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Pennsylvania’s Failed Experiment in Flexible Pricing | FreedomWorks

As with 16 states — including like Alabama, Ohio, and Virginia — at the end of Prohibition, Pennsylvania chose to establish a system of total state control over alcohol, banning private alcohol sales and creating a state monopoly.

Established in 1933 to comply with the 21st Amendment, the Pennsylvania Liquor Control Board (PLCB) elected to institute a fixed pricing index setting a uniform standard pricing tool for all alcohol in the state. The fixed pricing system worked perfectly well for over 80 years, providing adequate funding for alcohol education and other programs. Yet, as with all bureaucracy, the PLCB got greedy, seeking total control over pricing under the false pretense of helping consumers.

In late 2016, the PLCB managed to get legislation passed the legislature that allowed this state regulatory agency to institute “flexible pricing” on alcohol sales in the state. Prior to the General Assembly passing Act 39, the PLCB was required to set alcohol prices based on a uniform 30 percent mark-up on all items. After years of unduly criticizing private alcohol manufacturers for justifiably caring about profit margins, the PLCB managed to sneak ‘flexible pricing’ into the omnibus amendments to the Liquor Code passed in 2016.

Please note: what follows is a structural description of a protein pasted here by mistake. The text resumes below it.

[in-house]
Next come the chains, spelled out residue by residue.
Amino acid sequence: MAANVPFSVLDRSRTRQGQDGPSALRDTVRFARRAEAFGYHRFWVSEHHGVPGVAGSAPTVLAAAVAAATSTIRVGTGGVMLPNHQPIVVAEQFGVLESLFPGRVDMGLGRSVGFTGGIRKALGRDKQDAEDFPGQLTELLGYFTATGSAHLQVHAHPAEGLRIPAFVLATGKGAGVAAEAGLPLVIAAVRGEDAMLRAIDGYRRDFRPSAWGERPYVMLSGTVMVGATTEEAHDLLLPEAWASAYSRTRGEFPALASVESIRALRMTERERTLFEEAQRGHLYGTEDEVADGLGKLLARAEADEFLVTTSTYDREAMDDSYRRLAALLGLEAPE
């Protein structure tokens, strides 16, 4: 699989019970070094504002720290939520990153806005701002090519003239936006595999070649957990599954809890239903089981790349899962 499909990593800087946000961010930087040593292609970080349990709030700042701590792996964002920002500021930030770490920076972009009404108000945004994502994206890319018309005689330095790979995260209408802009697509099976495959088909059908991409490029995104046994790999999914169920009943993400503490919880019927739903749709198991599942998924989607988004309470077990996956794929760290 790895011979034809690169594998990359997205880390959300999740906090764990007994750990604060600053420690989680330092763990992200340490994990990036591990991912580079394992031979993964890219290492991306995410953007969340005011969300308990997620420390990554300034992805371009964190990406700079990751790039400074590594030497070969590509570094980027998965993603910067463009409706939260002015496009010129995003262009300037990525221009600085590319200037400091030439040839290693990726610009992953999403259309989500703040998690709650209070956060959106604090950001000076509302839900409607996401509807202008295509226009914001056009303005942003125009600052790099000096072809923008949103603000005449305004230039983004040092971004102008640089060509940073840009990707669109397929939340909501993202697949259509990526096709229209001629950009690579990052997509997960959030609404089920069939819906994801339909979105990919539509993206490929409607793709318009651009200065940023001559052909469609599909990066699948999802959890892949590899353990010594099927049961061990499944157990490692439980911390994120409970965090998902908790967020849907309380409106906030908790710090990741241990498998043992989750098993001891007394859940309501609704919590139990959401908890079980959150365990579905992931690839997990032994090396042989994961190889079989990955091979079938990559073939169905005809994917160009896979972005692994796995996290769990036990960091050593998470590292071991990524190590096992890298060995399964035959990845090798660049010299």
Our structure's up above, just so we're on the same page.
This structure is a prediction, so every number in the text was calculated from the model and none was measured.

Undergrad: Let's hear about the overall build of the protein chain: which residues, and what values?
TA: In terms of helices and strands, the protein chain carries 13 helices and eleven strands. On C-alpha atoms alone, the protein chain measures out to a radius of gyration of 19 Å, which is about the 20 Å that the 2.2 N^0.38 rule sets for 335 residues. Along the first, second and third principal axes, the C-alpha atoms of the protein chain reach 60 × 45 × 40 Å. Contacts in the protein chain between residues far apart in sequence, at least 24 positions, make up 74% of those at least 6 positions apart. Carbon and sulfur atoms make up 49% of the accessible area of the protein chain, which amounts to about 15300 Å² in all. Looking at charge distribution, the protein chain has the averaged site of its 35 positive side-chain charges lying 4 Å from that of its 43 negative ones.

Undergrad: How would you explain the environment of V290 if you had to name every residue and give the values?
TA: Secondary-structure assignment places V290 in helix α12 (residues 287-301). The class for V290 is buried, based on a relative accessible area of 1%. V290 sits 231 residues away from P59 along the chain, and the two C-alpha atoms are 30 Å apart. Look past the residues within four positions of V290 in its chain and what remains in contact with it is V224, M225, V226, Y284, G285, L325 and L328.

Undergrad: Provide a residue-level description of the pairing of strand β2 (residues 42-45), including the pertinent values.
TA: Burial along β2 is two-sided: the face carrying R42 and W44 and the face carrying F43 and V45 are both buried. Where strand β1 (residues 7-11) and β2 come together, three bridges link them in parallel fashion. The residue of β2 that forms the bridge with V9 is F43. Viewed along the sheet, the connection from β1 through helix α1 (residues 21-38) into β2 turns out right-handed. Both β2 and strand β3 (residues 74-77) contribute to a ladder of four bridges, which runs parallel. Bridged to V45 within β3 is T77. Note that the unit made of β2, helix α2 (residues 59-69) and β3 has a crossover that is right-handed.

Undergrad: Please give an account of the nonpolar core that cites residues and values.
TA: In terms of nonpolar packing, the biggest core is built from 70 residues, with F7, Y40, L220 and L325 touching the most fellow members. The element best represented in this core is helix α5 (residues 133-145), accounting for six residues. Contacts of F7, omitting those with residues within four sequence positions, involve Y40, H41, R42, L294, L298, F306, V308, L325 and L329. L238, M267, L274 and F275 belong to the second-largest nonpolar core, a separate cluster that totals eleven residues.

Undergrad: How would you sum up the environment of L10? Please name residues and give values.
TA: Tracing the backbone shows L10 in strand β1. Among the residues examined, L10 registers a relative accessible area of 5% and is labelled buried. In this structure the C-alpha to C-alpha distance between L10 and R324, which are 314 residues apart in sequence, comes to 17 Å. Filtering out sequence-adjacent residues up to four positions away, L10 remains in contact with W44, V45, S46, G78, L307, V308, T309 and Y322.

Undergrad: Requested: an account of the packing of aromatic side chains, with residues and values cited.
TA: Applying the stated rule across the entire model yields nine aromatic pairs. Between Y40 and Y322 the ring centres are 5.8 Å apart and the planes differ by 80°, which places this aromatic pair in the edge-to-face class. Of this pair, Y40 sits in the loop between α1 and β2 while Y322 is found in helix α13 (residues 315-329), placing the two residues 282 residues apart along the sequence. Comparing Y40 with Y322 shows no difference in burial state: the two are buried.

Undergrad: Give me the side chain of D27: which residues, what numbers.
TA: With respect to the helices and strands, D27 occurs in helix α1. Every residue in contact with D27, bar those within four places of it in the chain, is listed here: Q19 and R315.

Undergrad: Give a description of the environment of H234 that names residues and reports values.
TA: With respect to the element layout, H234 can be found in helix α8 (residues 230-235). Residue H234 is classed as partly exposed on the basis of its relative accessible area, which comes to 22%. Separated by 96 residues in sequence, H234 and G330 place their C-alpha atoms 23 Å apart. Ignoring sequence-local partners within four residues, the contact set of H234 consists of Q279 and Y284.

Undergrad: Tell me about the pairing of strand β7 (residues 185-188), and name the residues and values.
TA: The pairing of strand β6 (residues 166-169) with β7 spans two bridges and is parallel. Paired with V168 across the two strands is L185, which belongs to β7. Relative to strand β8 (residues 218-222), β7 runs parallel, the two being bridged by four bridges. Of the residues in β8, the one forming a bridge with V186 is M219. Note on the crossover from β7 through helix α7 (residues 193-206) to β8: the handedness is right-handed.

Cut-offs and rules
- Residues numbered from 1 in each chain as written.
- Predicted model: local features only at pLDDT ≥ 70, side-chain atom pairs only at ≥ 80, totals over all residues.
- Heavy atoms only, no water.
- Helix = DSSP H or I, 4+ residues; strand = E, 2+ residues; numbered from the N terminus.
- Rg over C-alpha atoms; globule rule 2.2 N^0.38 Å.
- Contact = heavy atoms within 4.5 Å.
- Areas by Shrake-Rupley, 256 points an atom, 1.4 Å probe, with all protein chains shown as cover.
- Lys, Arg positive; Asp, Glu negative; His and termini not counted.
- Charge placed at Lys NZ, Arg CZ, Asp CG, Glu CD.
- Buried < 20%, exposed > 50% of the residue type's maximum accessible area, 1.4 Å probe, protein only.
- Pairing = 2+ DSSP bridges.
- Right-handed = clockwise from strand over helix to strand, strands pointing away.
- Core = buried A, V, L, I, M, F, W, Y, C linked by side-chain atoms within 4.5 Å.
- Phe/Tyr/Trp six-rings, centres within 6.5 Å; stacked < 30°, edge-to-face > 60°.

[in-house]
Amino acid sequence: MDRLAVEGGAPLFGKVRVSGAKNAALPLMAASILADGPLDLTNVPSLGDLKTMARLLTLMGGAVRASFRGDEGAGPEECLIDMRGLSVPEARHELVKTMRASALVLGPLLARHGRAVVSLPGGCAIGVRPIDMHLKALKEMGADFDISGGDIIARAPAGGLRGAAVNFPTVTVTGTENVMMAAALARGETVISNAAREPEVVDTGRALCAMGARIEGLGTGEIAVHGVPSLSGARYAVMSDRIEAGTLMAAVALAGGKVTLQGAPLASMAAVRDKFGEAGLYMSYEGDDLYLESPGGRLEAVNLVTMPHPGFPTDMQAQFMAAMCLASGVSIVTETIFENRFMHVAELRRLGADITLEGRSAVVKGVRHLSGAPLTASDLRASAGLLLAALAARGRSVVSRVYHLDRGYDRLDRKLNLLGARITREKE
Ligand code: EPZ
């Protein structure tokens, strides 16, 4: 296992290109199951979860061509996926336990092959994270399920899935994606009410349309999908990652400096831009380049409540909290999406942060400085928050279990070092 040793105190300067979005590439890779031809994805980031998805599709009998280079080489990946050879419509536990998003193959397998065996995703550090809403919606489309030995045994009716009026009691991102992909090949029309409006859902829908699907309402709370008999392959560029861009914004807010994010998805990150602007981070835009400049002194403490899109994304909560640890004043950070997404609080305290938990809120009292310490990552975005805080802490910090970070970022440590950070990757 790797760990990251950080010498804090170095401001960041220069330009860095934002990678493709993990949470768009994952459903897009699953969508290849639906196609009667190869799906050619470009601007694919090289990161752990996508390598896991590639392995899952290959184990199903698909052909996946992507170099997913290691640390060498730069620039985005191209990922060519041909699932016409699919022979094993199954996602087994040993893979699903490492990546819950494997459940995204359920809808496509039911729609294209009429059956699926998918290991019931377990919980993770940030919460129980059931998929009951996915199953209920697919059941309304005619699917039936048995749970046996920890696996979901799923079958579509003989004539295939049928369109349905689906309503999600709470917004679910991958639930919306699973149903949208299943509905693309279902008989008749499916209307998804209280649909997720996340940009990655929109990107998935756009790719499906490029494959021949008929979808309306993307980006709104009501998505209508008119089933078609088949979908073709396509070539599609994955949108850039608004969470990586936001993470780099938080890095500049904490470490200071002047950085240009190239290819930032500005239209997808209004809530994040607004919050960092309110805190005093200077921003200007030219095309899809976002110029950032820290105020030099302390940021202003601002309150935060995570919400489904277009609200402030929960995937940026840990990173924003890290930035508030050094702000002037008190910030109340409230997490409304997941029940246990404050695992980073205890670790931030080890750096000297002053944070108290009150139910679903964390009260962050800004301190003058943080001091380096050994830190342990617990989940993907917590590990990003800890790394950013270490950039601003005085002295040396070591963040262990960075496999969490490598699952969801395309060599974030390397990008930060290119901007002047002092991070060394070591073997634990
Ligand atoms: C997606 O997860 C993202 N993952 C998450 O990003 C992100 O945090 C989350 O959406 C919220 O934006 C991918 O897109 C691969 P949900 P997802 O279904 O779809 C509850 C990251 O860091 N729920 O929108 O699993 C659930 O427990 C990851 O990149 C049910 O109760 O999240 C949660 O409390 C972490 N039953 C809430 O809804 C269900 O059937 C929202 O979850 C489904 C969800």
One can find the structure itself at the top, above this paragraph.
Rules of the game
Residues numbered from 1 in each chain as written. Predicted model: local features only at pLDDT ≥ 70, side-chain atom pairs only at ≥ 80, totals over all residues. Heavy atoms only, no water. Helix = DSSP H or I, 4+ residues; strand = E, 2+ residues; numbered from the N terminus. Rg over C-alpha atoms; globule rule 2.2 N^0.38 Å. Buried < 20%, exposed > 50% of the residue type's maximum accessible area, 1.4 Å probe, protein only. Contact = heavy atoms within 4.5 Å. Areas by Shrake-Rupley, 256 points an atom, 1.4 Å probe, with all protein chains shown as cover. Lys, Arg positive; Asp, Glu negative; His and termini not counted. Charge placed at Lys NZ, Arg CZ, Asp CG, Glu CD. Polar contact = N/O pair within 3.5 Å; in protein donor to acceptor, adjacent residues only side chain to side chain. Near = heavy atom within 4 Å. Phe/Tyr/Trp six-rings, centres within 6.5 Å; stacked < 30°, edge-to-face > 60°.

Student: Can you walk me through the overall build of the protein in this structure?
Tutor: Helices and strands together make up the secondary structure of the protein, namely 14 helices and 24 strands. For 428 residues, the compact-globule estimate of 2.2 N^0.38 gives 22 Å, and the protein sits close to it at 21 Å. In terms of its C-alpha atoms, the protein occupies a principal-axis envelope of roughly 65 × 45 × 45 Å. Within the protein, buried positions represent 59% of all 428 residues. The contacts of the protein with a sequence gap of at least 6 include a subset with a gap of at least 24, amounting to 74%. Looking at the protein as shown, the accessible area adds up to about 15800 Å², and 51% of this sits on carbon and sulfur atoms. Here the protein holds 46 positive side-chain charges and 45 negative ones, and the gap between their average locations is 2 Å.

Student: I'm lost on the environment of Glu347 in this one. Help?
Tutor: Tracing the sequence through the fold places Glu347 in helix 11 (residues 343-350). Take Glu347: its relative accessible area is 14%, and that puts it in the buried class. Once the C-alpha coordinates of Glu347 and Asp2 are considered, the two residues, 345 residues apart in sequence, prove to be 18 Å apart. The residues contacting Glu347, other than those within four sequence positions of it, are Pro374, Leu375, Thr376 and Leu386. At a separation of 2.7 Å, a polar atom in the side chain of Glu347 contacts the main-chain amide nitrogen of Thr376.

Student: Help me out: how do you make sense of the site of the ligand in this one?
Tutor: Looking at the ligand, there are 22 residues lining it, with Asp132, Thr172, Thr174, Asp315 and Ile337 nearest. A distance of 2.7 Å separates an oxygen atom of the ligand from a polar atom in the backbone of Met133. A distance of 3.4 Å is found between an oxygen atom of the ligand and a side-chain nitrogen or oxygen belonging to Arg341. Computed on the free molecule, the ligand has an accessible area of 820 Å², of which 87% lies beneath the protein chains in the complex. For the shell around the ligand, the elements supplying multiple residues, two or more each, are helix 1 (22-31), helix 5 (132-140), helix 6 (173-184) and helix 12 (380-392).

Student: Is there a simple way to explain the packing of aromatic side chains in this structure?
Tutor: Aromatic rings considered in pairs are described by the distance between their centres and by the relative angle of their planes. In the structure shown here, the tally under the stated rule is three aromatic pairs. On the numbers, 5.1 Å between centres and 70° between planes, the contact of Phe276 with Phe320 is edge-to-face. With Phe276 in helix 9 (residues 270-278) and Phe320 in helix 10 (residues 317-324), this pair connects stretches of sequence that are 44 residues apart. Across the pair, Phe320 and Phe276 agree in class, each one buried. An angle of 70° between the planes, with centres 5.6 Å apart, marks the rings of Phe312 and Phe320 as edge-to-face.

Instead of prices being set by a uniform standard, the PLCB was granted the authority to set ‘flexible prices’ based on the state’s faulty assessment of market rates. This change meant that the state commission whose sole purpose is to regulate the alcohol business and prevent alcohol abuse in Pennsylvania suddenly turned themselves into an alcohol business. After denouncing the alcohol industry’s focus on profit for decades, the PLCB quickly went into profit-maximization mode, hiking prices which nearly doubled revenue over the last few years.

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Pennsylvania’s Failed Experiment in Flexible Pricing | FreedomWorks.

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